womanreflectingToday will be a day of allowing myself to feel feelings about what happened, sorting through those feelings and preparing my heart for the conversation I know I need to have with them when I pick them up from school this afternoon. It will be a difficult conversation but it will also be a conversation that will build on the foundation of love that I’ve laid with them. If we were building a house, this would be the part where I realize that the toilet I bought (because a toilet is an appropriate metaphor for last night’s shit show of fury) doesn’t fit in the space we’ve prepared for it. I’d throw said toilet out to the road because I’d have smashed it to pieces beyond the point of even being able to return it to the store. Smashing that toilet probably felt good but it was also destructive and came at a cost. Last night cost me trust points with my kids. I lost some ground with them. It’ll take time to recover that ground and I’ll need to gently remind them that they’re valuable to me. They’re so much more valuable to me than The Thing and I made them feel something different.

Here’s my truth: that’s what was modeled to me. It doesn’t make my reaction to the situation any less horrific, but it means that I know where it came from. My father died a few months ago. Before he died, though, he did a lot of making amends. He was an angry man for much of my childhood. He drank too much and he and my mother communicated in ineffective and hostile ways. He was gone a lot and he dealt with demons that I’ll never understand. He did the best he could, but he made lots of bad choices as a father. He made a lot of GOOD choices, too, and I learned some really important things about life from the kind of man he was. I digress but I wanted to clarify that his legacy is a mixed bag as will mine be. I’ve made good choices in my relationships and I’ve made bad ones. The goal is that the good to will outweigh the bad and that we’ll choose live with intention more often than not.

We learn so much more effectively through observation than we do through instruction and we tend to perpetuate cycles of dysfunction and cling to them as if the uncertainty of moving beyond them into healthier places would literally kill us.

If you’re one of those parents who has been perpetuating unhealthy cycles in your relationships with your kids, you need tools.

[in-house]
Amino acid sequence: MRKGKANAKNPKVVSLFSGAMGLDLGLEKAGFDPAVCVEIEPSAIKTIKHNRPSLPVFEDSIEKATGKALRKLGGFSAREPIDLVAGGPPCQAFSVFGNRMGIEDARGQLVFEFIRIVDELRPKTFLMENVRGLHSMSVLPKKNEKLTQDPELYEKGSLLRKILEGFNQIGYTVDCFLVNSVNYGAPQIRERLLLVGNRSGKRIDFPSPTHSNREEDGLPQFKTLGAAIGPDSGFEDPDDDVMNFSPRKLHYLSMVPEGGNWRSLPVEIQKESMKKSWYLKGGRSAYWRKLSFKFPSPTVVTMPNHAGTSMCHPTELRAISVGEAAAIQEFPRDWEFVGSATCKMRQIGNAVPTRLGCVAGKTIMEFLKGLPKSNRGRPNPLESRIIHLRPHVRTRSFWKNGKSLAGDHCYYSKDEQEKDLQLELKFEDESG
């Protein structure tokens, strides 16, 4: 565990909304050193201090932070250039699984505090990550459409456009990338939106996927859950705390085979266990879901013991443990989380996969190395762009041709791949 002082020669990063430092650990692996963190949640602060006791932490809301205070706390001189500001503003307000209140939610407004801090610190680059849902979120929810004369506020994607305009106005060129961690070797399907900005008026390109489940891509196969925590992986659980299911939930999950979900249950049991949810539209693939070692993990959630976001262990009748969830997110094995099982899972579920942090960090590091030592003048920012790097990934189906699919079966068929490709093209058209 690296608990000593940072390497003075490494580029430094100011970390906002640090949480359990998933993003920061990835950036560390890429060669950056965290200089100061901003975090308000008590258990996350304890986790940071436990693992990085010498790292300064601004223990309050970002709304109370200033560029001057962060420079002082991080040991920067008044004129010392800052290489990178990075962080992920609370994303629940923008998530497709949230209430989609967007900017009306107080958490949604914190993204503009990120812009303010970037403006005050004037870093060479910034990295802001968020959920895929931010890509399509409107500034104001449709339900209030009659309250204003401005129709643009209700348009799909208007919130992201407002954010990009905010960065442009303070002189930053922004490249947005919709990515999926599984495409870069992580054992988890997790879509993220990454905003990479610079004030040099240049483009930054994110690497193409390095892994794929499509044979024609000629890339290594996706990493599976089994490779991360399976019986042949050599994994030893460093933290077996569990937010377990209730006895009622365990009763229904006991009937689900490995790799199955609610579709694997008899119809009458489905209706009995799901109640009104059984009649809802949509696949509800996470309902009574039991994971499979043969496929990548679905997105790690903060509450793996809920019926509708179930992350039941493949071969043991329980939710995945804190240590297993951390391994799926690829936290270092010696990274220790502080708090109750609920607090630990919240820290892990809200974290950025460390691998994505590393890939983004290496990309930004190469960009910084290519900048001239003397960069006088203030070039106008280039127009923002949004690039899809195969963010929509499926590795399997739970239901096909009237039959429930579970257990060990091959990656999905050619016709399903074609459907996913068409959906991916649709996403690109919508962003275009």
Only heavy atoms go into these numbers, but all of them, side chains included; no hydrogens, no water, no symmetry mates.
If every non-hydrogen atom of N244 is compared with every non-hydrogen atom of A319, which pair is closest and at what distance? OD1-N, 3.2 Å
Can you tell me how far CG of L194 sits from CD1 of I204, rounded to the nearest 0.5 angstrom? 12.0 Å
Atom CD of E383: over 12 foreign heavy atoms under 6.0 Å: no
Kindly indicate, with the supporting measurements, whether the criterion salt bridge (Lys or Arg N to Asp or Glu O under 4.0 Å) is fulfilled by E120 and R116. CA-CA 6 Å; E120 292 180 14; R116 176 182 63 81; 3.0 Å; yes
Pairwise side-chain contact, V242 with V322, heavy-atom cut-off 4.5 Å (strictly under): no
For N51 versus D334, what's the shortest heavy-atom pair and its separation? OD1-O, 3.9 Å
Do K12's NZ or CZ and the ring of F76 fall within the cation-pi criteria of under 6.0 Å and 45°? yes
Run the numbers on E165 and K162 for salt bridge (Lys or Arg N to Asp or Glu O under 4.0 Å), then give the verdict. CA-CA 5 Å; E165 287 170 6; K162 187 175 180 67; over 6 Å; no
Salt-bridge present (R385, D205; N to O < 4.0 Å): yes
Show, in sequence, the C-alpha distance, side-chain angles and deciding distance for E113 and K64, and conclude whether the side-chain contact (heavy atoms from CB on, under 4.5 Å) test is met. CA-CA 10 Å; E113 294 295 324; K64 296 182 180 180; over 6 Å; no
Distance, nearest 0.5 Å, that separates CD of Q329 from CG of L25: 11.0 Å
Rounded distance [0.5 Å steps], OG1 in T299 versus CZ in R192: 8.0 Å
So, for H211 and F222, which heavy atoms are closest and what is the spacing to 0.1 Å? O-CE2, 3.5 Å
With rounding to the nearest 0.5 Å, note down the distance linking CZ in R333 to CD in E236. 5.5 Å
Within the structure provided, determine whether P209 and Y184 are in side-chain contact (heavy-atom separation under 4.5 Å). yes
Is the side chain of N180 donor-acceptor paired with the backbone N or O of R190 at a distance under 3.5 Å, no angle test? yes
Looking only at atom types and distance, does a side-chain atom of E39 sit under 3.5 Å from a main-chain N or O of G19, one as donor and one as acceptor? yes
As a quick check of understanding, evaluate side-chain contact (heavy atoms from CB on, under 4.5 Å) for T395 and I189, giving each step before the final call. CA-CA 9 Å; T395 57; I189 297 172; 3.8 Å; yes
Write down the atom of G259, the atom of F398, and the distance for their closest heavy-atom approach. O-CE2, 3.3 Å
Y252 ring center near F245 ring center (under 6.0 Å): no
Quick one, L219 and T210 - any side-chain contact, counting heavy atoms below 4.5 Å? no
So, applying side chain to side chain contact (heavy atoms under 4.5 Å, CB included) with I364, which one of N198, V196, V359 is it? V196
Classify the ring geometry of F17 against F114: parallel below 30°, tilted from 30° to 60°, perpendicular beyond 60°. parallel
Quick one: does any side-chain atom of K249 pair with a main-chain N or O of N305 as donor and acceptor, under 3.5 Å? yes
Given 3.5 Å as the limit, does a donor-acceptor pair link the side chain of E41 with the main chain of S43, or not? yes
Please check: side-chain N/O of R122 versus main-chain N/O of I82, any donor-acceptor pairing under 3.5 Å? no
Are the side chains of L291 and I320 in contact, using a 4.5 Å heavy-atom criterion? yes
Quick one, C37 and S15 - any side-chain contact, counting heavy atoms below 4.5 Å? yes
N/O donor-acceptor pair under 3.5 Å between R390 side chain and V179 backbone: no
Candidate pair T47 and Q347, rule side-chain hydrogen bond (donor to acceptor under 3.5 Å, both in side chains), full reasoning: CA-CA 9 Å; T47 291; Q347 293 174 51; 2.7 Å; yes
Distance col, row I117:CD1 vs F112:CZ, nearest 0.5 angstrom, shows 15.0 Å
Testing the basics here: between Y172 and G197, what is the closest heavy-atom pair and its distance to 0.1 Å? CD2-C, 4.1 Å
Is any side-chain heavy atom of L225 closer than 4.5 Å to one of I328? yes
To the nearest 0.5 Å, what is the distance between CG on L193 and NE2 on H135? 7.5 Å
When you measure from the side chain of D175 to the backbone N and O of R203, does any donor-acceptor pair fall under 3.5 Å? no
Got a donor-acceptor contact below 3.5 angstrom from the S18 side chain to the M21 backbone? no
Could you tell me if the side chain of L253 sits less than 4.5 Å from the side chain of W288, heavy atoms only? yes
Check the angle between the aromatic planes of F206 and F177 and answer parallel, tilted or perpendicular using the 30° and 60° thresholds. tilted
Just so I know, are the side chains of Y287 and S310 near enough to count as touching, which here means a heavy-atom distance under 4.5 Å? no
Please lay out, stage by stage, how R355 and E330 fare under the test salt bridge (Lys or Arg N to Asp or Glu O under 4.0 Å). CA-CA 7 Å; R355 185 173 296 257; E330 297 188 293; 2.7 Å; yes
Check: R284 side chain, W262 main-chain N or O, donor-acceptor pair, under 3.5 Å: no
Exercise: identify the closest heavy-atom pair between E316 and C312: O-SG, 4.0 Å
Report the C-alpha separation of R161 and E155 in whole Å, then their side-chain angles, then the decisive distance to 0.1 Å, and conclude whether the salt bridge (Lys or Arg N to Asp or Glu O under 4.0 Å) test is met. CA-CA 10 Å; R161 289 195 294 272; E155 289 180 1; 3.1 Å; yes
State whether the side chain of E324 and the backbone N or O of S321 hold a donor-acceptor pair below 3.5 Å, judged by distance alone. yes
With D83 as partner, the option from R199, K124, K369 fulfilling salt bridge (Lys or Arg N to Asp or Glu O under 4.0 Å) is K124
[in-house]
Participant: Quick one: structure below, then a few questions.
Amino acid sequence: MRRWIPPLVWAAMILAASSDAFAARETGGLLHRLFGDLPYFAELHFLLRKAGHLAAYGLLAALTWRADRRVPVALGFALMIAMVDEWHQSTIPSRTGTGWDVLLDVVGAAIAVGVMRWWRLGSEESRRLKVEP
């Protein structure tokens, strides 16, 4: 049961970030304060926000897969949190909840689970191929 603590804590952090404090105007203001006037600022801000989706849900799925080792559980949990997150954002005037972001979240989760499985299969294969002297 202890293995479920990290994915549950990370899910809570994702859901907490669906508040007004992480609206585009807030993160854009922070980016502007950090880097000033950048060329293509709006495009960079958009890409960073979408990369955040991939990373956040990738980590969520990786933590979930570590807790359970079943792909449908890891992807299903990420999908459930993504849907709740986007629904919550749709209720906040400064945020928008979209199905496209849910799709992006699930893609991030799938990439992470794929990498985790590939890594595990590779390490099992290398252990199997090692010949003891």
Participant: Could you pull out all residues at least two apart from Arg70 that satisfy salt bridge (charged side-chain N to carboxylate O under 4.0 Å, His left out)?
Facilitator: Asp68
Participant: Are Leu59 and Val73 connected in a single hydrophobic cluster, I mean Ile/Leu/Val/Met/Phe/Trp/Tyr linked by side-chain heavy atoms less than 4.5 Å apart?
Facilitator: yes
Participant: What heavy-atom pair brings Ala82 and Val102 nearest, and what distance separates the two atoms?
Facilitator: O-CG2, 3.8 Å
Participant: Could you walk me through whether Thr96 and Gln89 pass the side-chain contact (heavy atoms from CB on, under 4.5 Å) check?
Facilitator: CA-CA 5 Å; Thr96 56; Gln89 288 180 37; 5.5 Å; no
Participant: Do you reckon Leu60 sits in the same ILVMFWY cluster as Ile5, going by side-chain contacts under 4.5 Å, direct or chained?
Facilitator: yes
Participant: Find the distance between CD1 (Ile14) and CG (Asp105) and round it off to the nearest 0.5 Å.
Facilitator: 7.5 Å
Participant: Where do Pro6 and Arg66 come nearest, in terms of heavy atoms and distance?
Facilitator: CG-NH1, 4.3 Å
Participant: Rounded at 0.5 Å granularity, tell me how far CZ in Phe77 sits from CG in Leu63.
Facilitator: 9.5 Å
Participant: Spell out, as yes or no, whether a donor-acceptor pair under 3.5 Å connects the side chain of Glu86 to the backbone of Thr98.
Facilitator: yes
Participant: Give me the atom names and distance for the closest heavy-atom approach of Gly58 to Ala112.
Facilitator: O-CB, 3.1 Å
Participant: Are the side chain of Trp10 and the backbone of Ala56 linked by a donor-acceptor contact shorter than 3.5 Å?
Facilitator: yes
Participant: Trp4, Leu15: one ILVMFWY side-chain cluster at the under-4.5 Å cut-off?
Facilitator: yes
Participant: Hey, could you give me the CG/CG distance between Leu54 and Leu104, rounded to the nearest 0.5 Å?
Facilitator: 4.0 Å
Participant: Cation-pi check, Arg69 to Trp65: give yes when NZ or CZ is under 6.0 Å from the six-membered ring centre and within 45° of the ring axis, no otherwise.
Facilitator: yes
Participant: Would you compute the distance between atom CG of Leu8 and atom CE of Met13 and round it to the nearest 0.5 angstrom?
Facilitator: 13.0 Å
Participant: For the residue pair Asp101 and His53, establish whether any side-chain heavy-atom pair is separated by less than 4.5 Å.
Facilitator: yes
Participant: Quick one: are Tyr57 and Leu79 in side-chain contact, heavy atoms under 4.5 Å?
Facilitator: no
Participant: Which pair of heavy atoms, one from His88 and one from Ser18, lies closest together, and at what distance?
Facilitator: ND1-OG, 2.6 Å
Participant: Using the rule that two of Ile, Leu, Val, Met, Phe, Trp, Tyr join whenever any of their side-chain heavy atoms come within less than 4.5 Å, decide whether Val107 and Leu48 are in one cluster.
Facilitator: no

We all need tools.
Hell, I need a whole toolbox.
I need lots of options.



If you’ve ever eaten breakfast with me, you are familiar with the production that is my breakfast beverage buffet. I like having options. I need coffee, water and orange juice every morning with breakfast or my day is ruined. I don’t always drink all of each of those beverages because some mornings require WAAAAAAY more coffee than orange juice. Drinks aren’t helpful tools for parenting, though, and I’ve officially exhausted all of my Basic White Girl clichés at this point so I’ll get back to the Evidence-Based Parenting Toolbox we’re going to build together.

I know what I don’t want to put in my parenting toolbox and it’s anything that distances me from the babies I made, out of love, with my life partner. I don’t want tools that make them feel like I can’t tolerate them when they make mistakes and I don’t want tools that make them feel like they’re not worthy of my love. I’ve got too many crappy tools in my toolbox right now and I want to work on that and I want to invite you to take a journey with me into learning to parent with intention based on what the best evidence we have says produces the healthiest children who then become healthy adults. Health is so much more encompassing than the physical stuff. Convincing kids to ingest something other than Fruit Loops and French fries is a feat in its own right and one I heartily congratulate you on, but what of their mental health?

Did you know that there’s actual research that we can use to guide us as we parent these babies we love more than life? Do you know what that research says about some of the parenting techniques that might have been modeled to you? Do you know that there are a whole range of other options that we can use to guide our interactions as parents?

Whole Mothering Center is thrilled to announce the launch of a brand new series we’re going to call the “Evidence-Based Parenting Toolbox”. If you want to follow our journey into building our parenting toolboxes and consider working on your own, we invite you to request to join our Facebook group.

You’re going to screw up but so am I.

It takes a village, Mama.

Come along for the ride.
Amy Jones


Amy is mom to 4, ages ranging from 20-7. She’s a homebirthing VBAC mama who is also a WMC Doula, a student midwife, a peer counselor with the Beaumont Breastfeeding Coalition and a local birth rights activist. She and Heather Thomas founded WMC in 2006 and passionately work to improve local birth and parenting options for Southeast Texas families.